By Ed Avis
Like other big cities, New York has had a thriving Mexican restaurant scene for decades. Mexicans and other Latin immigrants have added their cuisines to the Big Apple’s culinary mix since they arrived, and non-Latinos have long joined the scene with their own interpretations.
But another trend has emerged. Chefs and restaurateurs who recognize that Mexico is home to a vast cuisine that has been inadequately represented in the United States are striving to show Americans what can really be done with the tastes from south of the border.
Here are profiles of five New Yorkers who are reshaping that city’s scene, from native Mexicans seeking a taste of home to native New Yorkers who feel Mexican cuisine is broader than what typical Mexican restaurants serve.
When Mexico City native Roberto Santibañez opened Fonda in Brooklyn in 2009, he
was already a veteran chef. A graduate of Le Cordon Bleu in Paris, Santibañez had founded three fine dining restaurants in his home city and served five years as culinary director for Rosa Mexicano restaurants, based in Manhattan.
“When we first opened Fonda, there was no Mexican restaurant I could recall that did what I wanted to do, that showcased the foods that I wanted to showcase,” he says. “I wanted a restaurant that takes on the traditional knowledge and adds a modernistic view and presentation that make it more likeable to my public.”
The result? A frequently changing menu that blends tradition with innovation. A few examples: Ensalada e Aguacate y Zanahorias (a salad made with avocados, roasted carrots, toasted pecans, goat cheese, sprouts and lettuce); Chile Relleno de Verduras (a roasted poblano pepper filled with carrots, zucchini, corn kernels, pickled jalapeños, and cheese); and variations on classic guacamole, such as guac with peaches and grapes.
Santibañez says the most popular dishes, however, are classics: enchiladas suizas and enchiladas de mole. Perhaps that speaks to Santibañez’s desire to have his restaurants—there are now three Fonda locations—seem like neighborhood hang-outs.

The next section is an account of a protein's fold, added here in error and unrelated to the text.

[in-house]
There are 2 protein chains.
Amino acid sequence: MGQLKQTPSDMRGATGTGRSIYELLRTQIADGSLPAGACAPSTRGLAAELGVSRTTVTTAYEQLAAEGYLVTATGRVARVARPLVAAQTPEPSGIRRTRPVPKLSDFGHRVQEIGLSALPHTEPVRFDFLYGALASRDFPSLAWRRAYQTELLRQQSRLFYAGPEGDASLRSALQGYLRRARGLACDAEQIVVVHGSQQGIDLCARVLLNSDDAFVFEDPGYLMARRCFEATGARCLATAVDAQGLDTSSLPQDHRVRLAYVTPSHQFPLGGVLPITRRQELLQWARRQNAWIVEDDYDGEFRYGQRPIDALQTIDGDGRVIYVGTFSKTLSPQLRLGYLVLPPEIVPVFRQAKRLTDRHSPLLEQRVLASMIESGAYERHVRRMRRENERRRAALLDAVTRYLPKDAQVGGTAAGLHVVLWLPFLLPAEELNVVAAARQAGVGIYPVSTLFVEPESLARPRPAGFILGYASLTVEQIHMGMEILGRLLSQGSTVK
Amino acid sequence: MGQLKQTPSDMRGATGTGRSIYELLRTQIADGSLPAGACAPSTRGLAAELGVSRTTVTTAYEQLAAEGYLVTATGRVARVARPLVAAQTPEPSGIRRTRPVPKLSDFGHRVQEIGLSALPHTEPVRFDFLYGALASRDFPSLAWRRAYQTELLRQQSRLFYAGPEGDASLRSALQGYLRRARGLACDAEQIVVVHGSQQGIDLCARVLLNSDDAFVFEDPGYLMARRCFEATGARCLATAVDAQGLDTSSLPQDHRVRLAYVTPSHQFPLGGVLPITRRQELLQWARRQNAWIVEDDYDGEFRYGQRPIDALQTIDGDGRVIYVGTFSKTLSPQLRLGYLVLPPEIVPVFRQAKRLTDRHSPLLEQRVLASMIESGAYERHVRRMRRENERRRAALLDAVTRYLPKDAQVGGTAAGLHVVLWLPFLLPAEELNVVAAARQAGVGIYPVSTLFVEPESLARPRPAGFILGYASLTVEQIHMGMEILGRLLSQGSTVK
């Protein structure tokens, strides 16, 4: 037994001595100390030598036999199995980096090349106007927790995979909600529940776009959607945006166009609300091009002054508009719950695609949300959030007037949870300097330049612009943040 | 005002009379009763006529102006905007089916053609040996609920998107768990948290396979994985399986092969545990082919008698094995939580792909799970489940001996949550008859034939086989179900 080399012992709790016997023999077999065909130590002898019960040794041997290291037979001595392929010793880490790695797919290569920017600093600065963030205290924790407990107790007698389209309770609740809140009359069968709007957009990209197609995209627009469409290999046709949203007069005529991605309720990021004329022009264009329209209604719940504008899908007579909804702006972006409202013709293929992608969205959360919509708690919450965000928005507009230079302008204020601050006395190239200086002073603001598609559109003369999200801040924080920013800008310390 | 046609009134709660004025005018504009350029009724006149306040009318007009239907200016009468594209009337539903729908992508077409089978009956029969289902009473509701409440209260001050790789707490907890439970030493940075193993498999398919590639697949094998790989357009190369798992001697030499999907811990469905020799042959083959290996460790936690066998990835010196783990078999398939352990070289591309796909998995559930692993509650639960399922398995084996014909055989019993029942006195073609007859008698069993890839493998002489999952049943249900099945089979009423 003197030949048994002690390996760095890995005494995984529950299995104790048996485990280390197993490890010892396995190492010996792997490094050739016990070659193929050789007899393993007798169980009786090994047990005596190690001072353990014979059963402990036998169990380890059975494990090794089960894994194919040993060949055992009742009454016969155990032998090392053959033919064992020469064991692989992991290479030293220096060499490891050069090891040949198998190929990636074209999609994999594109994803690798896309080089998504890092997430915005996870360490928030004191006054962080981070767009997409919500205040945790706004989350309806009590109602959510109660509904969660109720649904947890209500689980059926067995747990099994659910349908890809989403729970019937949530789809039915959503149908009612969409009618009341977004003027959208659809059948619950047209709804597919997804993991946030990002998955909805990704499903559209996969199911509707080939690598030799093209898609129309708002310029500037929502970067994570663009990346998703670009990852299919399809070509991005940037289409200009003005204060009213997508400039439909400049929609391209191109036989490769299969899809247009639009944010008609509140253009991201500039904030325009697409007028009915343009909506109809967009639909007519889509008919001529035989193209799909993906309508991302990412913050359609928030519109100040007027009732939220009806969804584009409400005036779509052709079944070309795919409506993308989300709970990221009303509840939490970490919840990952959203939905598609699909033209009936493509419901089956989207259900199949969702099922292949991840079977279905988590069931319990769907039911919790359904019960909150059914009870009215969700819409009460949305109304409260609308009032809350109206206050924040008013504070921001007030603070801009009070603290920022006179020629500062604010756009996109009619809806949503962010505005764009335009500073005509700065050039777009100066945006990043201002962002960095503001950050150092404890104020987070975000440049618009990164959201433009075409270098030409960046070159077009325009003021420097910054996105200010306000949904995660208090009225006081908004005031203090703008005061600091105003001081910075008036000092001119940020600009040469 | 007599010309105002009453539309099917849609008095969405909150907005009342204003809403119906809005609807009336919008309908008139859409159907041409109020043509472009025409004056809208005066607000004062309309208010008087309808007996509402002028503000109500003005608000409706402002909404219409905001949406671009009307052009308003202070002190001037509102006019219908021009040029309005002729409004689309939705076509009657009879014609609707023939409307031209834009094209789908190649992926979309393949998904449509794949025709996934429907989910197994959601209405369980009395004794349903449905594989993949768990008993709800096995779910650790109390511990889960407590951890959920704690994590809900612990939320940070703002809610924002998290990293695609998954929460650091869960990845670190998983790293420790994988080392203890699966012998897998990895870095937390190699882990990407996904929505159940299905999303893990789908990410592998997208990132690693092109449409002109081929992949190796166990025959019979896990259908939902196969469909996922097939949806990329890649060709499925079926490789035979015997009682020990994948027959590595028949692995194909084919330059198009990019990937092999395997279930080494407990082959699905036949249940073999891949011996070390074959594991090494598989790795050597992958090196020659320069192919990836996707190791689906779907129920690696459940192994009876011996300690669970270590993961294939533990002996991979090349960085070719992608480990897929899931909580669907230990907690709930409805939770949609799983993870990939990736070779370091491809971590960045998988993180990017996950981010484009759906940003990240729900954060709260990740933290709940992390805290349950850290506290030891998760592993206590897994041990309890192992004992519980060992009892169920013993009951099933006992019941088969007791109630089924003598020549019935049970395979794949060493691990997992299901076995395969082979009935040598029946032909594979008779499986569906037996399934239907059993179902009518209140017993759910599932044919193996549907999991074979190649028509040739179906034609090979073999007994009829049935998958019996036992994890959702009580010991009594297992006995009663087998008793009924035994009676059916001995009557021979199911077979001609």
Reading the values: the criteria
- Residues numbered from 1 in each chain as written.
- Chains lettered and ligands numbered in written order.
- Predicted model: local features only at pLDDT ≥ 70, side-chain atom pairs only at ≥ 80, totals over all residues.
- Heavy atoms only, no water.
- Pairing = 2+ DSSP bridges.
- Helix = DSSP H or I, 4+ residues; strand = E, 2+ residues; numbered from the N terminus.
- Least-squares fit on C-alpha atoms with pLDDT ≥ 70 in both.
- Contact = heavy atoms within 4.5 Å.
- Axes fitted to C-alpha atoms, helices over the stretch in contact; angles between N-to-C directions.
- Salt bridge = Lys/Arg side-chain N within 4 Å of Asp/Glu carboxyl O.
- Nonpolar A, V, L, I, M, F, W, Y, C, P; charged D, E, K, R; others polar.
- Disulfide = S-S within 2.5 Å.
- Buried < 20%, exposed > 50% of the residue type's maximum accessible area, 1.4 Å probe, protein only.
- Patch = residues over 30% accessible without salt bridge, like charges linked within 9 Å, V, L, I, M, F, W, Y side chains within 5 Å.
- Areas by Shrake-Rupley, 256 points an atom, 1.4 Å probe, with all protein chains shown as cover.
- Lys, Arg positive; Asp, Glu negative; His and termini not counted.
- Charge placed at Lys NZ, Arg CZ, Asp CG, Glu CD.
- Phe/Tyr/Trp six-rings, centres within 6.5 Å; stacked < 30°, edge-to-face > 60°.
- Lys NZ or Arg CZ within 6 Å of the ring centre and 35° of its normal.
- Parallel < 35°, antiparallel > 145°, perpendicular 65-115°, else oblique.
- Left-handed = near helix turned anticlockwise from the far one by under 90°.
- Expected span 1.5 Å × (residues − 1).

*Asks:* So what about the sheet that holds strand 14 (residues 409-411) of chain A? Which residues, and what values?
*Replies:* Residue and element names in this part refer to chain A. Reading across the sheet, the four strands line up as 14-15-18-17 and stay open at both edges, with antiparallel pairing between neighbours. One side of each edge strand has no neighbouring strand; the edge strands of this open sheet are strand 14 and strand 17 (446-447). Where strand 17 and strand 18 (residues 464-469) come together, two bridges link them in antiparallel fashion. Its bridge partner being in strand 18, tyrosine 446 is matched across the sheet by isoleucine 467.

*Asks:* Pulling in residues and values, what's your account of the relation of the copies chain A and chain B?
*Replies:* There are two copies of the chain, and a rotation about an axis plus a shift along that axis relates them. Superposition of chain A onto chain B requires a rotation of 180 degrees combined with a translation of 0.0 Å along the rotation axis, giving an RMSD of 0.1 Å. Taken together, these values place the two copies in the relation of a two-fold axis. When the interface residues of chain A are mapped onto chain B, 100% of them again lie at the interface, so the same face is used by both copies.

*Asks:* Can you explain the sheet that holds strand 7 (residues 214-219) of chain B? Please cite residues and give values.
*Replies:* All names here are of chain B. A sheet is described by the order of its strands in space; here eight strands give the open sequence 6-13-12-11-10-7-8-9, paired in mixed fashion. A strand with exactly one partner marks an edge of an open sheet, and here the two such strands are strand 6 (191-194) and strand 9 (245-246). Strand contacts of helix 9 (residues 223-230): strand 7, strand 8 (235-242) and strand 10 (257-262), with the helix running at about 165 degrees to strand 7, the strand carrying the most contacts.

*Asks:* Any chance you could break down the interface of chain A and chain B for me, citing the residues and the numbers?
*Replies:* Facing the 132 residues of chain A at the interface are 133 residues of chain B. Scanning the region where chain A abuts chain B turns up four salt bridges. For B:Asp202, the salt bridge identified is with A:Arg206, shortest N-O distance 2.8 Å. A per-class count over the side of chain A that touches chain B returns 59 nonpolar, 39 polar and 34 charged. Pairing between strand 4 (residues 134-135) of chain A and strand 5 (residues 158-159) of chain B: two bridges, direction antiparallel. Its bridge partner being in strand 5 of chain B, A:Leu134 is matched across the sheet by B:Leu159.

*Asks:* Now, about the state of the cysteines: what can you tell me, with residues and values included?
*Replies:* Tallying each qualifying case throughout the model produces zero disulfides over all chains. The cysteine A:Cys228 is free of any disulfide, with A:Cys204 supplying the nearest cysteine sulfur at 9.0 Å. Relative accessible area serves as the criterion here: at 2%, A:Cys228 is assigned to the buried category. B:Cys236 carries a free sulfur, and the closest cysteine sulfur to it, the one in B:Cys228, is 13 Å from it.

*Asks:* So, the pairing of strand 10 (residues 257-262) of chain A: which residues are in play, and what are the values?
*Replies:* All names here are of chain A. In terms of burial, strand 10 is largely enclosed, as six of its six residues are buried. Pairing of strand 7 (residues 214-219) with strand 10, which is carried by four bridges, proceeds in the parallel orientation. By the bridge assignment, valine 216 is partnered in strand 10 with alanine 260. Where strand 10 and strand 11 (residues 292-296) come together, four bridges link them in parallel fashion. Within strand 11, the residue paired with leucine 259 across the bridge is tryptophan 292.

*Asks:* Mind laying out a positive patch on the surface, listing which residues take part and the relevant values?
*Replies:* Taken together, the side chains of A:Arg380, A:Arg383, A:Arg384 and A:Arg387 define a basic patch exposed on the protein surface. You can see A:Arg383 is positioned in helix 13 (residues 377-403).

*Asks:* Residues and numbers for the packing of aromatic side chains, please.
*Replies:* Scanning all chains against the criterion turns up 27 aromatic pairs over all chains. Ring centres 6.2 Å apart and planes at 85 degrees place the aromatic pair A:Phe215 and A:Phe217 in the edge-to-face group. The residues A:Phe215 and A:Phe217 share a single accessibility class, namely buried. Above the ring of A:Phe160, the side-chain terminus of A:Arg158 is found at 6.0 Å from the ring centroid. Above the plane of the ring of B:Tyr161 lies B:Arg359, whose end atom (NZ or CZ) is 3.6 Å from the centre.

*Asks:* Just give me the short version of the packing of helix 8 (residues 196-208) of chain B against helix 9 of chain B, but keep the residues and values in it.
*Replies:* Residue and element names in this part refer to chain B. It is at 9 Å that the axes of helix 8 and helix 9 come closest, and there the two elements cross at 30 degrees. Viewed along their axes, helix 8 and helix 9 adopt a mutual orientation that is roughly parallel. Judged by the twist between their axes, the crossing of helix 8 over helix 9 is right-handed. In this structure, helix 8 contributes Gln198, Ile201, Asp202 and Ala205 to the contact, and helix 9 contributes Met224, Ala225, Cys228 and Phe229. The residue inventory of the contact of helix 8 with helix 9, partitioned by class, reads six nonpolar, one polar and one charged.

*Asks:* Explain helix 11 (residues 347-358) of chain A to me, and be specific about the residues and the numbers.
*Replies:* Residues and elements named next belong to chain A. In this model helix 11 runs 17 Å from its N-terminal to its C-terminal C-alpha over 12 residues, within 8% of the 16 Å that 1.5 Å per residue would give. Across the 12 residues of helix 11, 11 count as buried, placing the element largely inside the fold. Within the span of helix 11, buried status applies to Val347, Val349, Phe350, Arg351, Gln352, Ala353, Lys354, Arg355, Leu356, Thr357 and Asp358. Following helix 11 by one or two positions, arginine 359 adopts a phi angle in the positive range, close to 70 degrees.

“More than anything, when we open a restaurant, we look for neighborhoods,” he says. “We are not necessarily a destination place with fancy décor and architectural food. We have down-to-earth food you can eat every day without having to spend $80 on it. The neighborhood we opened the first Fonda in, Park Slope, is home to a bunch of artists, writers, editors, and other intellectuals like that. It’s a neighborhood full of great people who are great going-outers and great eaters. If you don’t have great eaters, who will you sell the beautiful food to?”
Santibañez envisions more restaurants. He is working on one in Washington, D.C. scheduled to open this fall, and he feels there is plenty of room for more Fondas in New York.
“New York is just booming with Mexican food,” he says. “We say without any racial implications that white people like Mexican food more than we do!”
When Barbara Sibley opened La Palapa in 2000, she taught her staff how to explain the
dishes carefully. Mexican food wasn’t new to the diners, of course, but what Sibley was selling definitely was.
“My goal was to have people have a very full experience of Mexican cuisine,” says Sibley, who, like Santibañez, is from Mexico City. “But even after 16 years I’ve barely scratched the surface. The cuisine is so broad.”